We’re going on 2 1/2 years now that I’ve been stuck in America. China’s strict “Zero Covid” stance is actually starting to lift, as of June! Large cities throughout China, and even those in my province of Sichuan, are now allowing schools to issue invitations.
Sad to say, however, small Luzhou is being VERY cautious. I just keep hoping that this summer might finally convince local government officials that Connie can return.
Questions Abounded from Friends and Family
In the beginning of being stranded, people would ask me when I was returning, what kinds of supplies I’d like to take back with me, who was teaching my students, was I in contact with my friends, my school, my Chinese church choir (Yes, daily!) . . . The list goes on.
But one of the most common questions I received was this one: “What about your apartment and all your things? Are you paying rent all this time?!”
No, I am NOT paying rent.
I live on the campus of my school in the 11-story single teachers’ housing building. Although it was originally built for single teachers, it ended up that families also were allotted space to live there. An outer room, 2 bedrooms, a bathroom and kitchen area made it a tight squeeze for our married couples who had one or two children, plus grandma and/or grandpa also staying with them, but it was do-able.
While those staying in the building are required to pay 1,000 yuan a month (roughly $170 US), with extra for utilities, as a foreign teacher, my cost for everything was taken care of. This is almost always a perk for overseas teachers in China: apartment rentals (on or off campus) are fully paid for by the employing school, sometimes even offering options to find your own apartment for X-amount of money which the institution will cover within reason. This has never been my case but I do know of other foreign teachers who have opted for the latter, which has given them an opportunity to pick what they personally would like rather than have a Chinese staff member choose.
My School’s New Foreign Affairs Assistant, Ms. Xiao’s (Cherry’s), Sends a Message
I am in constant contact with my school, still waiting for the local government to give permission for my invitation letter to be processed. Our new Foreign Affairs assistant is a former English teacher whose position has been changed. That person is Ms. Xiao, whose English name is Cherry.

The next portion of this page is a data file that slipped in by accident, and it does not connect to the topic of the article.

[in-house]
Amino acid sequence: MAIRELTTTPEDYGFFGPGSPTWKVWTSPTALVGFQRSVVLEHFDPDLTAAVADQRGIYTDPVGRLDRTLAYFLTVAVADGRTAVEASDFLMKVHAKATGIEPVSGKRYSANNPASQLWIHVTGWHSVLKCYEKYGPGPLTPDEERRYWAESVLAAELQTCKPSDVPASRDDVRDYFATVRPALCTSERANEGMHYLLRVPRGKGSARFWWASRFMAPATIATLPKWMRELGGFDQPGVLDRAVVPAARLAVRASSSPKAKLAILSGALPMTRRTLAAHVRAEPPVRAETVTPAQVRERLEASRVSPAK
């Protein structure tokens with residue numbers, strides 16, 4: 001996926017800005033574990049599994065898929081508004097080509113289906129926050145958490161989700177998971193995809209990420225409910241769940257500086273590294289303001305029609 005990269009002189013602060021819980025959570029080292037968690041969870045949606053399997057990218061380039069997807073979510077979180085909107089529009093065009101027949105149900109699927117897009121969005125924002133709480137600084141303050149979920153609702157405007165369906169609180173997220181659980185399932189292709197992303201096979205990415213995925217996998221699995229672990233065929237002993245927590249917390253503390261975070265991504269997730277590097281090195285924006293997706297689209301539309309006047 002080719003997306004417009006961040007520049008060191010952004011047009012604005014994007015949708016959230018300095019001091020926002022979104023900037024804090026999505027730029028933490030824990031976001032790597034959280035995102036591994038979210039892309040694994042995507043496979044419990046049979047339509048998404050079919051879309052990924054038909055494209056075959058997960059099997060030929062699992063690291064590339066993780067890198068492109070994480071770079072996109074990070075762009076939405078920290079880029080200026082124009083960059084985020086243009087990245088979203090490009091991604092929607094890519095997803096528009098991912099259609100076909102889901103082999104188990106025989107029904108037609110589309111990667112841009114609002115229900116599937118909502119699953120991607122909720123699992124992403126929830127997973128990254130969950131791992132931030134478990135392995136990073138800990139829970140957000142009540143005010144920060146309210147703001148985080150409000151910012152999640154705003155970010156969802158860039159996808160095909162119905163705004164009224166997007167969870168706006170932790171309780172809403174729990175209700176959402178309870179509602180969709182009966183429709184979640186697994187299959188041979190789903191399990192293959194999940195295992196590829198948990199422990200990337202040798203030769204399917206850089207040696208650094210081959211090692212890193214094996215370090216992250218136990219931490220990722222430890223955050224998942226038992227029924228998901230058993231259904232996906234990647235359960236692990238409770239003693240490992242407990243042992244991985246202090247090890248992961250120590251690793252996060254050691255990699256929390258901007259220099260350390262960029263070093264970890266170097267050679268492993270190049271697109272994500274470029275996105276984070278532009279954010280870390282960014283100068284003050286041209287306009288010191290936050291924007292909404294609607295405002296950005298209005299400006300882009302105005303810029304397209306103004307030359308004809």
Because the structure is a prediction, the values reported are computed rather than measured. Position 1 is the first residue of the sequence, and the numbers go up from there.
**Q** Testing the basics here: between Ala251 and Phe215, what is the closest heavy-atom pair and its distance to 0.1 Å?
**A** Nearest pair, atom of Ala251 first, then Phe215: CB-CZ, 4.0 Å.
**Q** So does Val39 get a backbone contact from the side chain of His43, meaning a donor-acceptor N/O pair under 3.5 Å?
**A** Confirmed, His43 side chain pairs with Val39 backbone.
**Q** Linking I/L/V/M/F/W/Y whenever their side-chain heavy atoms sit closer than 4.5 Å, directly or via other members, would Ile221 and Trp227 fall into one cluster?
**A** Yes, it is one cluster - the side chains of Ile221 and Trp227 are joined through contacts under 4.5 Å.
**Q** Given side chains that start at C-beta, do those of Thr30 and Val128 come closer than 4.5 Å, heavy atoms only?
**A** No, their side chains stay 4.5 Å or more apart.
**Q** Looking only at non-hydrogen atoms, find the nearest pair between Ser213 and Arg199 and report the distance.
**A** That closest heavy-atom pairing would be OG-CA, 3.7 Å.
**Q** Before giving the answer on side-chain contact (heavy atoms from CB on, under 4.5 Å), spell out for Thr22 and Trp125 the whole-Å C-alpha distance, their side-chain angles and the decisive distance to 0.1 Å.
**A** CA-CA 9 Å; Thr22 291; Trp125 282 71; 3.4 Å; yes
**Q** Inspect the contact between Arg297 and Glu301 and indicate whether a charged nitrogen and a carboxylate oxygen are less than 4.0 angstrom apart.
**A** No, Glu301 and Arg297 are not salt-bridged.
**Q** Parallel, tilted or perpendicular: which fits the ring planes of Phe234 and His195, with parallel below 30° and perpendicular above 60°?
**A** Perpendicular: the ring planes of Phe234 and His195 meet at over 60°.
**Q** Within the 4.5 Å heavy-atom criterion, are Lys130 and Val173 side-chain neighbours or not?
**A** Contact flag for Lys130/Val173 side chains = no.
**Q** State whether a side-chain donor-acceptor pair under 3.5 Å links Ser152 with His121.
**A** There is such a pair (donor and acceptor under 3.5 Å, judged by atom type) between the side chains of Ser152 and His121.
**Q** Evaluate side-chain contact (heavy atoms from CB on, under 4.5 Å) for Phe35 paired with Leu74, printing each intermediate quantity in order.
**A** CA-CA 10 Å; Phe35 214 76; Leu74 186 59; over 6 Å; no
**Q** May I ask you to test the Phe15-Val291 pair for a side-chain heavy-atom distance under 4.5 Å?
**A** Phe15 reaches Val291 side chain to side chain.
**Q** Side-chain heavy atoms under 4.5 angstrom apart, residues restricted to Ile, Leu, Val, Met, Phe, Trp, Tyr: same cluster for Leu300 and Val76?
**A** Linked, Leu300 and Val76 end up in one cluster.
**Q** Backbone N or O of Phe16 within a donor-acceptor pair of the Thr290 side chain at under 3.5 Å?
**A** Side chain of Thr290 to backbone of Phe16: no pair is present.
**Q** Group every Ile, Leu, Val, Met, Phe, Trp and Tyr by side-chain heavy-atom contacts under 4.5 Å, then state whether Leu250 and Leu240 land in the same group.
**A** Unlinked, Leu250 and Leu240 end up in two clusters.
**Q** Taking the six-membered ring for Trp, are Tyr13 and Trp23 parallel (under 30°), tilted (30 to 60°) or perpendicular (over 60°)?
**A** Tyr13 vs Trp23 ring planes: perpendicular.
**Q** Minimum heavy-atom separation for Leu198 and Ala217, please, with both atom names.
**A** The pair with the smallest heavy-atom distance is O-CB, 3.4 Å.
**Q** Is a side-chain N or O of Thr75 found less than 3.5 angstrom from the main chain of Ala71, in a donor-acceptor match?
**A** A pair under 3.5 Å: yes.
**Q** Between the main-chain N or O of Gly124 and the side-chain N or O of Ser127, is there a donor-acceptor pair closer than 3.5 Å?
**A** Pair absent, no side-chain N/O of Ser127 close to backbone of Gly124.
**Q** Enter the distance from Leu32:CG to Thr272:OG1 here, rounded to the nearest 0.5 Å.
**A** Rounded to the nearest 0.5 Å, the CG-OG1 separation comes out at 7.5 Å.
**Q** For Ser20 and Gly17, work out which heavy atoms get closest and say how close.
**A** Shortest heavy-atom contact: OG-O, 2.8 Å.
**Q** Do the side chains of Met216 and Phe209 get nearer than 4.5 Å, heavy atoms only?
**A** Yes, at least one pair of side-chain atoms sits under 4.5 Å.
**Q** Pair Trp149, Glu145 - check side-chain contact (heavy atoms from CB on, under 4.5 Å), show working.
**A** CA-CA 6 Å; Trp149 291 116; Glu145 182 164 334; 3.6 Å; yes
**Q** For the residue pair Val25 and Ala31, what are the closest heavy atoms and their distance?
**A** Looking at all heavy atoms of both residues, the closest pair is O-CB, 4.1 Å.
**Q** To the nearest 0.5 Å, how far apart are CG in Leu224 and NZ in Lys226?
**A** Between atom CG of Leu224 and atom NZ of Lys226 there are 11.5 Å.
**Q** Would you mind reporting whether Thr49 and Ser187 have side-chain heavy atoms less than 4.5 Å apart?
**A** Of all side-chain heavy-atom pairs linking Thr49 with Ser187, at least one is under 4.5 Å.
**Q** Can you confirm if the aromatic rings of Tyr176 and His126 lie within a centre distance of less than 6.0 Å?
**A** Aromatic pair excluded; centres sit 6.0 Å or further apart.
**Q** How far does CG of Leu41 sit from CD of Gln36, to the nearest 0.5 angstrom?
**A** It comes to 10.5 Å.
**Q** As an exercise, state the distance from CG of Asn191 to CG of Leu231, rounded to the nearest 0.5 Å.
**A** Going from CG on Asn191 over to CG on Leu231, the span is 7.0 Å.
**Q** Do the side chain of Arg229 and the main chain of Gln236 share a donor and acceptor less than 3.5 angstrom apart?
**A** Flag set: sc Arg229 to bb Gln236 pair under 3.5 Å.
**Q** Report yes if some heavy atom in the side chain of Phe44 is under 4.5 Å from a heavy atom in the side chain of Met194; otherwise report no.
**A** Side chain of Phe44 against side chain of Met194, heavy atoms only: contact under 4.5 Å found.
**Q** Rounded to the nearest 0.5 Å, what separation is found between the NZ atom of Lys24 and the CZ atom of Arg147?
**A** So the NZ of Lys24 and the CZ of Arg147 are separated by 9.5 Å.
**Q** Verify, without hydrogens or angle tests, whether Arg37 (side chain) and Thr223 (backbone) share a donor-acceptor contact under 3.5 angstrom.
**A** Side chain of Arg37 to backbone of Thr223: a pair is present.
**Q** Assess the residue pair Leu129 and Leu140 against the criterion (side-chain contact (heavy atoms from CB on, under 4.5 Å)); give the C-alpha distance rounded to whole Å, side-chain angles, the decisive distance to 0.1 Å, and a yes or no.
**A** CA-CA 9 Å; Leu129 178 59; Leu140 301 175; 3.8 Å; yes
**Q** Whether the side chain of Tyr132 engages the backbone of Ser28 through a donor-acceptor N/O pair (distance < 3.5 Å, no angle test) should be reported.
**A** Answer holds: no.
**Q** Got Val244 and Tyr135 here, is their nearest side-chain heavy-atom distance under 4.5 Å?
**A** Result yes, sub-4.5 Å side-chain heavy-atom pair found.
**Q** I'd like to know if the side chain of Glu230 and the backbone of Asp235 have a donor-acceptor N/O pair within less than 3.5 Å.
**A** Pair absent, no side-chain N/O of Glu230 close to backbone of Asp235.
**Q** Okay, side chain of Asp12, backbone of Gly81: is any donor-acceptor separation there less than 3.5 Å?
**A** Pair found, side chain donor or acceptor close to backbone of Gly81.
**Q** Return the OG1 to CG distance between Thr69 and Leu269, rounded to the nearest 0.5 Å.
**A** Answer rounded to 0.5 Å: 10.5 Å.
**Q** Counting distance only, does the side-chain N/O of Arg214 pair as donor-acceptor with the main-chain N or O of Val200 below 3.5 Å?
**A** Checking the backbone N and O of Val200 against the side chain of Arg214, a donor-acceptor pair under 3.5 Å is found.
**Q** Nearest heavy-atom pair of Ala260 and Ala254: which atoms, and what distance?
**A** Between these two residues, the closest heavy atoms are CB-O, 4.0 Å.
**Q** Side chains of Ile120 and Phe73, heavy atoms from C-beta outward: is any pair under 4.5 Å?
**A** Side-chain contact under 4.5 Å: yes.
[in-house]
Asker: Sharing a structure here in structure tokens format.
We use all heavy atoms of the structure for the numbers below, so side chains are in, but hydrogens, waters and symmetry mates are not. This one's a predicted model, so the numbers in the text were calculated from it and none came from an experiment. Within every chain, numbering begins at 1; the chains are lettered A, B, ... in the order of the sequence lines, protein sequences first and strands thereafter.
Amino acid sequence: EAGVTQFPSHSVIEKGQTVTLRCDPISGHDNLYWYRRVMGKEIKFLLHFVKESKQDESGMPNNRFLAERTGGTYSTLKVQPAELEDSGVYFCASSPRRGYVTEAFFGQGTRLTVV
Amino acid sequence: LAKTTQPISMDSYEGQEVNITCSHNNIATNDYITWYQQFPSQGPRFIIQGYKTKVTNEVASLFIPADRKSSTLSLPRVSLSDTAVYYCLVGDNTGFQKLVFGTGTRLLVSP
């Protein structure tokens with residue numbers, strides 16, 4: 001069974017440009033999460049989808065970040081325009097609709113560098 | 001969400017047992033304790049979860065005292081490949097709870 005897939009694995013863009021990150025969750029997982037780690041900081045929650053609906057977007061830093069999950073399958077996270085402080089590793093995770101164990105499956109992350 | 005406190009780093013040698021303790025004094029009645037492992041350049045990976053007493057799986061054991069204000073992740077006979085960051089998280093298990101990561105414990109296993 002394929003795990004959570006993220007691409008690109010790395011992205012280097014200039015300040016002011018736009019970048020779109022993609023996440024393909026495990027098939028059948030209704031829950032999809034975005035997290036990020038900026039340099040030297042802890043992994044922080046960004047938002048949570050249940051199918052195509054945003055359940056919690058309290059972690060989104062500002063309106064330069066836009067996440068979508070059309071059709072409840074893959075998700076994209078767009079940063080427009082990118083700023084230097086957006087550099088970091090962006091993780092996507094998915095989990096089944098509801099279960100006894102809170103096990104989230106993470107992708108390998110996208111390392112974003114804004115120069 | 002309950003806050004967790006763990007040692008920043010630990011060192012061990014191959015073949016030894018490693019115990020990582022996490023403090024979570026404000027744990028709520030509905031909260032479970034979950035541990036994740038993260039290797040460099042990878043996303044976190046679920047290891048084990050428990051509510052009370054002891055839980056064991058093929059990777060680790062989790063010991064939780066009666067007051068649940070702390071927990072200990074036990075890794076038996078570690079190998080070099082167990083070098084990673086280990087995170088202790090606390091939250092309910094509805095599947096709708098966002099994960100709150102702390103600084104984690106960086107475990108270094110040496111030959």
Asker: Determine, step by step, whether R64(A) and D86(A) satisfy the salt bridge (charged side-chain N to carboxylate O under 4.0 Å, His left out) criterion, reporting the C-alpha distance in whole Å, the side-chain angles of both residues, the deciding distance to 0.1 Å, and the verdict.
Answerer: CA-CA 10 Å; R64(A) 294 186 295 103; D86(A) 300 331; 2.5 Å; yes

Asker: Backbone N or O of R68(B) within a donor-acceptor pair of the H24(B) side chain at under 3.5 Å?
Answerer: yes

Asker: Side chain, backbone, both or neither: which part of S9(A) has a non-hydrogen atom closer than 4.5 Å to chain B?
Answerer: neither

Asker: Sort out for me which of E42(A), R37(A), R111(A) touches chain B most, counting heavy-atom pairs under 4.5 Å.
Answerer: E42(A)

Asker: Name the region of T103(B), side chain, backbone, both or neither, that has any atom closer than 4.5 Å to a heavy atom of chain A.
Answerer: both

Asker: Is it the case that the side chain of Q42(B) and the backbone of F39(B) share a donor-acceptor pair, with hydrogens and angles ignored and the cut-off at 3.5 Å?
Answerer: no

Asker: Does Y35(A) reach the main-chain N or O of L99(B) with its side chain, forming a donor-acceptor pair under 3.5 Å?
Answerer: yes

Here is her message to me 3 days ago considering the news that other cities in Sichuan are now open to teachers having their employment papers processed.
“Please be patient. I believe our city will gradually open up the policy and let you back to the school as soon as possible.”
She continued onward in the next text segment with this:
“Here’s another thing. Your luggage and some things are still in our dormitory, right? Now our dormitory will be moved to another new teacher’s apartment not far from th school. We need to ask for your opinion on whether we can move your luggage to another dormitory (we will make a video recording for the whole process.). If you don’t want to, please feel free to let me know.”
So it seems that the school invested in reserving apartments in the nearby new complex for more senior Chinese teachers to move into and pay rent on. This apartment complex had just begun being built a few months before I left for my vacation in January, 2020, when I then became stranded in the States. Many teachers had been offered a buy-in before the completion of the high-rise buildings as well as the school vouching with a reputable loan company for those payments. Downpayment was 20,000 yuan ($3,500 US) with the smallest units selling for a total of $60,000 US (the empty cement shell without any decorating). While that sounds like a lot of money for a poor college teacher making roughly $650 a month, those living in my apartment building had been saving for years for such an offer. The proximity to the school campus was great, without any commuting time, and the school had vouched for their loans so quite a few were happy with the arrangments.
I certainly was impressed watching the buildings go up, thinking how nice that might be for me to live in those.
I doubted the school would ever consider preparing such a nice place for me. But maybe think again!
“To Move or Not to Move?”: That question has no options
Considering all my stuff of 20-years-worth of living in China, and furniture, and SO many clothes, and appliances, kitchen utensils, books (good grief!!) and drawers needing to be weeded through, plus the fact that for every move I’ve made, it’s been a 100 large box affair (I always had students help tape together my 100 boxes for me to fill), what do you think my answer was?
A very appreciative response of: “Thank you so much for asking but I think it’s just too much trouble for you and the school. I’ll pass until I can return.”
My guess is that Cherry is very relieved not to deal with packing up my things, hiring movers (which the school must pay for) then overseeing the entirety of the move from a campus building to an off-campus one. I also have no idea what floor I’d be on, meaning holding up elevators numerous times as boxes were loaded and unloaded onto the appropriate story.
I’m also not 100% certain I’d like to move off-campus. At present, it’s always taken me 10 minutes to walk to my classrooms, whereas off campus it would be more like 20-25. Still close but not as close as the apartment I’m living in now.
So reiterating what I told Cherry: I’ll pass until I can return. (What a happy day that will be!)